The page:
Silver Bullet: Abraham was justified in Gen TWELVE!


#1

You heard me right. The Bible clearly teaches Abraham heard the Gospel, had faith, and was justified as early as Genesis 12. Reading Gn 12 alone is sufficient proof Abraham was a believer in God and obeyed him, though further evidence like Gal 3:8 and Heb 11:8 drive the point home (those verses reference Gen 12).

Given that Protestants believe that Abraham was justified in Gen 15:6 (Rom 4:3), and that they believe justification is by imputation as a one time legal decree means there is a problem here. Abraham cannot have been justified at two different times if the above definition/understanding holds. This is precisely why Protestants say James 2:21 (Gen 22) cannot be using “justification” in the same sense as St Paul in Rom 4:3.

The only way around this “problem” is to realize that the Protestant understanding of justification is incorrect, while the Catholic understanding is orthodox.

I have yet to see a coherent Protestant explanation for this and I believe the Catholic argument here is so strong that it is the decisive “silver bullet” on the issue of Justification by Faith Alone. Faith Alone was the doctrine by which the Reformation stood or fell, if it was wrong the Reformation was wrong.

I invite any questions or comments. PLEASE keep on topic (eg no comments about Mary, Pope, Indulgences, abuses, etc).


#2

While I agree that the Protestant position is tenuous, I cannot see how this defeats the claim that Abraham was justified by faith, not by Grace.

Most discussions concering sola fide that I have had with Protestants focus on their use of Gal 3:8 and Hebrews 11:8 to show that Abraham was saved by faith. An easy refutation of this is James 2:21, in which James claims that Abraham’s justification was the result of his works and his faith.

Gen 12 would have to explicitly say that Abraham’s faith was caused by the Grace of God working through him to be the silver bullet. If anything, this pokes a hole at the “one and done” theory of jsutification/salvation, not sola fide.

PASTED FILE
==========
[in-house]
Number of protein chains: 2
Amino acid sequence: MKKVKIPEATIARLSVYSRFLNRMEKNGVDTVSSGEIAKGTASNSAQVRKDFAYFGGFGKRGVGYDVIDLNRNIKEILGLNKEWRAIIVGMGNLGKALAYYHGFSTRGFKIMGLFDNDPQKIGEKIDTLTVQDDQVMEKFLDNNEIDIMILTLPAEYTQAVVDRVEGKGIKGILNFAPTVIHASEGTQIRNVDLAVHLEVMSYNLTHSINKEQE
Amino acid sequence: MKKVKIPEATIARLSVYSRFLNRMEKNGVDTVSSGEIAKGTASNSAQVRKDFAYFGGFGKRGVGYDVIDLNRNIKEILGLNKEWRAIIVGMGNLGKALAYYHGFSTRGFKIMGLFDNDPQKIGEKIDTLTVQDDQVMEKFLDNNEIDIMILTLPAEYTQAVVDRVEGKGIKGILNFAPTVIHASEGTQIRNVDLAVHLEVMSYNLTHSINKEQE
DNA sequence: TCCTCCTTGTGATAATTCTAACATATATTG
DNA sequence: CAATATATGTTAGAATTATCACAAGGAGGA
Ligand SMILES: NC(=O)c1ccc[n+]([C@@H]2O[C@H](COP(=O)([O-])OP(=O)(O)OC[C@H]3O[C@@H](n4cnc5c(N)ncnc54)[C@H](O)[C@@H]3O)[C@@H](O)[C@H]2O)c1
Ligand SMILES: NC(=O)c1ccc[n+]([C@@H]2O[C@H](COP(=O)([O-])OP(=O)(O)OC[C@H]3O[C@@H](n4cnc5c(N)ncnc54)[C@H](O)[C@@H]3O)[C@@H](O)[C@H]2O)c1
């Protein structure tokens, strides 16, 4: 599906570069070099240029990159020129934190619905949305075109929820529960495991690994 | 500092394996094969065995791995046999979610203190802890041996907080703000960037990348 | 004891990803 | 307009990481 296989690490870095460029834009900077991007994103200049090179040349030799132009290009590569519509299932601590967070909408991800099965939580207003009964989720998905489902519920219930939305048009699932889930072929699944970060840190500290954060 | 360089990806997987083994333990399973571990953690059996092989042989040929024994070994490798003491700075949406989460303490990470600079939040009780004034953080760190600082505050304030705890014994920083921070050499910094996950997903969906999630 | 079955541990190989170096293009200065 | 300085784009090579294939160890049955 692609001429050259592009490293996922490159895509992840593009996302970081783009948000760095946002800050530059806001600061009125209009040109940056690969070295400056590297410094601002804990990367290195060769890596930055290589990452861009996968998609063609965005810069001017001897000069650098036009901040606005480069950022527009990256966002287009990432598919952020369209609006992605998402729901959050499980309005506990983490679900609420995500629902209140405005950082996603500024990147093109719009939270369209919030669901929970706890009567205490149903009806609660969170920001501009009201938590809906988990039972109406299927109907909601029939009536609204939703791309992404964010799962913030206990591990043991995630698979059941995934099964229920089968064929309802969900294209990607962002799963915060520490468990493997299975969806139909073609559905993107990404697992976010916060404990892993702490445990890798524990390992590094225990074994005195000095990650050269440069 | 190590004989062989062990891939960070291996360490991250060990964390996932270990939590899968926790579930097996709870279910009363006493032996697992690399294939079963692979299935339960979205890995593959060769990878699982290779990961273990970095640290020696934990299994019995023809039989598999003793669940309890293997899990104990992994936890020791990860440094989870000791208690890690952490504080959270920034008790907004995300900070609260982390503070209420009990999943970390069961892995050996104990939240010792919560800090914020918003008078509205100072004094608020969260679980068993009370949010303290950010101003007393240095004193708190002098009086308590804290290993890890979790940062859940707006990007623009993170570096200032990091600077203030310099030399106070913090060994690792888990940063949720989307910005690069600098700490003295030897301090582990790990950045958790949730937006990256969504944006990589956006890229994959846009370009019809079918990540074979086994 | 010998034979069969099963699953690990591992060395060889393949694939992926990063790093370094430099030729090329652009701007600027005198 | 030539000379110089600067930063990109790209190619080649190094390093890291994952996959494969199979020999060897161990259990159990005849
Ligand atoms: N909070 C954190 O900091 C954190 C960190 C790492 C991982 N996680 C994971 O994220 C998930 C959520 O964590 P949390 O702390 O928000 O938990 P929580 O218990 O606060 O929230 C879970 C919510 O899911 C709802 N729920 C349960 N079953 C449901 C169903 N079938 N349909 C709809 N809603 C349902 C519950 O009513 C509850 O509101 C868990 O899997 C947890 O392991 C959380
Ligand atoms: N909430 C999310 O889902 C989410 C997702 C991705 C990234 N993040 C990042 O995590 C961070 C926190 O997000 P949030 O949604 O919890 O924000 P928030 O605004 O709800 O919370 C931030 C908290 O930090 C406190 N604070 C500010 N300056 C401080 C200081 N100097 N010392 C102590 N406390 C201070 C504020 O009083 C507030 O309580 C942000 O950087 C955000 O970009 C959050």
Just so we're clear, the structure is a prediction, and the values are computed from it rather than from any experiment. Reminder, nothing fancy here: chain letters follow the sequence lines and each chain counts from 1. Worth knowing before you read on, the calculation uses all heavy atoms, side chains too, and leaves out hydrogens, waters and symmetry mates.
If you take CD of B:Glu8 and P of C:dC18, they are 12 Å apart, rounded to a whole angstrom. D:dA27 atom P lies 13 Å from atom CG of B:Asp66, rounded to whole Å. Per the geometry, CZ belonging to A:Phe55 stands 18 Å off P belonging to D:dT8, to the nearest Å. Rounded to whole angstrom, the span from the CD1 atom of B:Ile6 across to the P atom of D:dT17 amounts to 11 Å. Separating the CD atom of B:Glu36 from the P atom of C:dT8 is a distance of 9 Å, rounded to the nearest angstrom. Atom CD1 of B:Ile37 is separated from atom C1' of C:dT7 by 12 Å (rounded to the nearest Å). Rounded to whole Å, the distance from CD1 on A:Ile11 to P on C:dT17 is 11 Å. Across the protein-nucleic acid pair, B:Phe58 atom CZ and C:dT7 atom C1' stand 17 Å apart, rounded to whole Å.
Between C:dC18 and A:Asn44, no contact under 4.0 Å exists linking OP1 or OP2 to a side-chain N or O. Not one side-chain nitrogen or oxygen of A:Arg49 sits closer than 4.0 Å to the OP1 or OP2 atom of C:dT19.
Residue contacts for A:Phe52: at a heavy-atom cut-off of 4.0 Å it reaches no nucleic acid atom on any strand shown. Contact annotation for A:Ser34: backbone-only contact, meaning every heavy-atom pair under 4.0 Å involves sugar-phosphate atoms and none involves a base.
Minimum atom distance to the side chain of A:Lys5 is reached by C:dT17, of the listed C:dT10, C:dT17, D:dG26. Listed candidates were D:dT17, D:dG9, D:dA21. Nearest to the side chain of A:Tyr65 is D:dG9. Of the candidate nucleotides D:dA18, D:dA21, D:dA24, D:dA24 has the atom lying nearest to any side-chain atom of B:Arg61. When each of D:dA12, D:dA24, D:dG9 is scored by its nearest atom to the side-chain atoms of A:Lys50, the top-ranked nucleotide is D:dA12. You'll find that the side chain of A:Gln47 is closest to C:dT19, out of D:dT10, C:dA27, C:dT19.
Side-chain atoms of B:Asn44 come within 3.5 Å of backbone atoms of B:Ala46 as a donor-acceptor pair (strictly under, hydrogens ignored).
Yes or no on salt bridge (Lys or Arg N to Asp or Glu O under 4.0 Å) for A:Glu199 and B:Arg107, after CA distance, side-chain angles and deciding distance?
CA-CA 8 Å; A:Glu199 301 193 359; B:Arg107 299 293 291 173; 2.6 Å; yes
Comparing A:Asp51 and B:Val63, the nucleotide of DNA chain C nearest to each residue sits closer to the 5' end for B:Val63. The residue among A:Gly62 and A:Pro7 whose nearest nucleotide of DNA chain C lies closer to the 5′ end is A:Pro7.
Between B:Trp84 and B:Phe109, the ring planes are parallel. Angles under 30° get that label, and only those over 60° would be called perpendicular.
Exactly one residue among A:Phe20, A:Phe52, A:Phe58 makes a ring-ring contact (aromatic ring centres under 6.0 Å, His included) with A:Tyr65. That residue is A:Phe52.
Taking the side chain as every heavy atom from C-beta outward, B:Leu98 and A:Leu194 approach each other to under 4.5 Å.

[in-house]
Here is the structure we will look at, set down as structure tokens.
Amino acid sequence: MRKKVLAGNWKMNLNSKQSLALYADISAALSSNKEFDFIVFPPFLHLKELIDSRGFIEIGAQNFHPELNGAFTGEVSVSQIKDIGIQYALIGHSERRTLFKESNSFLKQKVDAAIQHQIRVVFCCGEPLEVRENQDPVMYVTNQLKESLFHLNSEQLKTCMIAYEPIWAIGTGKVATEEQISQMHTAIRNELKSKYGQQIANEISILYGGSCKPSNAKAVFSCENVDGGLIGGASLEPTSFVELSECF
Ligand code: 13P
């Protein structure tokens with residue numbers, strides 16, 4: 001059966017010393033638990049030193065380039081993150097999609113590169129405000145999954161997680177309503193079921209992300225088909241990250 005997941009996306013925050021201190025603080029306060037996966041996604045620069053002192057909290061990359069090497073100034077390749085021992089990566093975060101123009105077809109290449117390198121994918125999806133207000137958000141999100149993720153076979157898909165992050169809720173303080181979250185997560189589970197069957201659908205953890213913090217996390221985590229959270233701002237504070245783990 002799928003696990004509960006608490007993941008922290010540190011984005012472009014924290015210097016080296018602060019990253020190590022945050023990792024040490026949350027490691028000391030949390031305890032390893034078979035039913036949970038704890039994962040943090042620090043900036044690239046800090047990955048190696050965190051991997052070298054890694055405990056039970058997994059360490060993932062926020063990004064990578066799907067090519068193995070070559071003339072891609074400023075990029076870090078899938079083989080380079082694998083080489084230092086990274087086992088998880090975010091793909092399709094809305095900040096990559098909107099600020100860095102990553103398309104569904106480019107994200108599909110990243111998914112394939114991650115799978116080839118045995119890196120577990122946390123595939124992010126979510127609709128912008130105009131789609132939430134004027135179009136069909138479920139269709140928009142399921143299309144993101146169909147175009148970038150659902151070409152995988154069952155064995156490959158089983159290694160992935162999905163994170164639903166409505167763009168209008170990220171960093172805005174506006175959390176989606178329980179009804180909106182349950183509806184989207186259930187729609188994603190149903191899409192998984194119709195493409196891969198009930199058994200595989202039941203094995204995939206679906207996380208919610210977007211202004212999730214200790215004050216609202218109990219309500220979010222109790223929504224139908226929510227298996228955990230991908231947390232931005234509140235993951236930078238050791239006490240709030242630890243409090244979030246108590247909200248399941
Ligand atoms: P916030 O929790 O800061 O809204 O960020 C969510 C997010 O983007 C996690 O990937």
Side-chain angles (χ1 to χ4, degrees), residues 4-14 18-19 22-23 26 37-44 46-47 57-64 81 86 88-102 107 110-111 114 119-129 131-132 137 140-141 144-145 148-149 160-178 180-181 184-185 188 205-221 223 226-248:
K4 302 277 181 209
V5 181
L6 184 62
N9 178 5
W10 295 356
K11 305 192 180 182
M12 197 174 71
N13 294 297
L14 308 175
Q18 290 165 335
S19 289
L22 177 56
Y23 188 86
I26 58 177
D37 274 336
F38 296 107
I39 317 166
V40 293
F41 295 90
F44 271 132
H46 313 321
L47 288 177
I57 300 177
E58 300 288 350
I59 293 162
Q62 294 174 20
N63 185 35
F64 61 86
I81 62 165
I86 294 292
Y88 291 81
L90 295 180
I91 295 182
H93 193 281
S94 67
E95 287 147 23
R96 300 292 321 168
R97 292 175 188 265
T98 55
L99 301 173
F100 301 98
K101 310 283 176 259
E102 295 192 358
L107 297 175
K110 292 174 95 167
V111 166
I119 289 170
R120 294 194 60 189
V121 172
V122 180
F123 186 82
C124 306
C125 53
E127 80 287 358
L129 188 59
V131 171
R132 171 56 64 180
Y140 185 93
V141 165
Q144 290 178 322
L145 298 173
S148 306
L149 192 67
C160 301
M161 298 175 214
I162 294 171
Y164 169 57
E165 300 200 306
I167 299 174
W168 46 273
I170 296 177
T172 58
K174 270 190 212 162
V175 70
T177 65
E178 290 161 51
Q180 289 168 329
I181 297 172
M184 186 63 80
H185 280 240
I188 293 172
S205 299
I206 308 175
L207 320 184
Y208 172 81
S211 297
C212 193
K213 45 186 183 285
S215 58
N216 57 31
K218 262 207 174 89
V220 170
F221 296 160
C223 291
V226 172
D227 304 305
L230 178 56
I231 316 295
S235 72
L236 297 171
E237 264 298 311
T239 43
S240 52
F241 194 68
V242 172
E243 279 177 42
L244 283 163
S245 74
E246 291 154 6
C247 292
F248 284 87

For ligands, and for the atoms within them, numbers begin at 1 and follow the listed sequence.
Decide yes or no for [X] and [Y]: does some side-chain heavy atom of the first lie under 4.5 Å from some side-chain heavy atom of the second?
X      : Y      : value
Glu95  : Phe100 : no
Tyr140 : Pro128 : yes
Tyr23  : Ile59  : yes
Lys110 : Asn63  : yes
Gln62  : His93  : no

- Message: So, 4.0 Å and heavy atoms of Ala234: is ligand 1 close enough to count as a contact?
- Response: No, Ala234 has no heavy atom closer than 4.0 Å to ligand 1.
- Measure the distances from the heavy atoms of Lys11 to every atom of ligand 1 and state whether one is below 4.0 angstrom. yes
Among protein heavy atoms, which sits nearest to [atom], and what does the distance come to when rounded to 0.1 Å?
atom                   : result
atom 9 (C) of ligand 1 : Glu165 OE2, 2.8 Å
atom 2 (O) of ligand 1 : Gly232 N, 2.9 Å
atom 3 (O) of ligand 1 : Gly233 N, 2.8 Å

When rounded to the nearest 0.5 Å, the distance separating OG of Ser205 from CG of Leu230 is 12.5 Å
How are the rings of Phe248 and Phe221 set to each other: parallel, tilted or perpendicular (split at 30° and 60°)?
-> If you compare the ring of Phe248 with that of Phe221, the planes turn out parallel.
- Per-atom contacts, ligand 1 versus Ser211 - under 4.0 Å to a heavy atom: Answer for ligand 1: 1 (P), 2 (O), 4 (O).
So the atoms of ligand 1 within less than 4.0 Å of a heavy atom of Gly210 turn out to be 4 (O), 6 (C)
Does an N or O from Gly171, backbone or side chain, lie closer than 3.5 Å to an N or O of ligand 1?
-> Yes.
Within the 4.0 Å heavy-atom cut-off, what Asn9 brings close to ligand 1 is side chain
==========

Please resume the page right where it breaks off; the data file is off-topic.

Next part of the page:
#3

2 Cor. 4:16 - though our outer nature is wasting away, our inner nature is being renewed “every day.” This not only proves that justification is internal (not legal and external), but that it is also ongoing (it’s not a one-time event of accepting Jesus as personal Lord and Savior). Our inner nature is being renewed every day as we persevere in faith, hope and love.

John 3:16 - justification is ongoing, not a one-time event. God so loved (past) the world, that He gave (past) His only Son, that whoever believes (ongoing) in Him may have eternal life. The word “believes” is “pisteuo” in Greek which necessarily includes obedience throughout one’s life. This is proved by 1 Peter 2:7-8 which also uses “pisteuo” (to obey) and “apitheo” (to disobey). The same word “pisteuo” is used in many other verses about “believing in Christ” such as John 3:36; 5:24; Rom. 4:24; 10:9-10; cf. Rom. 1:5,16; 6:17; 16:26; 1 John 5:13 (often used by Protestants to support their “faith alone” theology). To “believe” means to “obey” throughout one’s life; it is not a one-time acceptance of Jesus as Savior.

Heb. 5:9 – Paul also confirms this by writing that Jesus became the source of eternal salvation to all who obey him. Here are some examples of justification as an on-going process, and not a one-time event: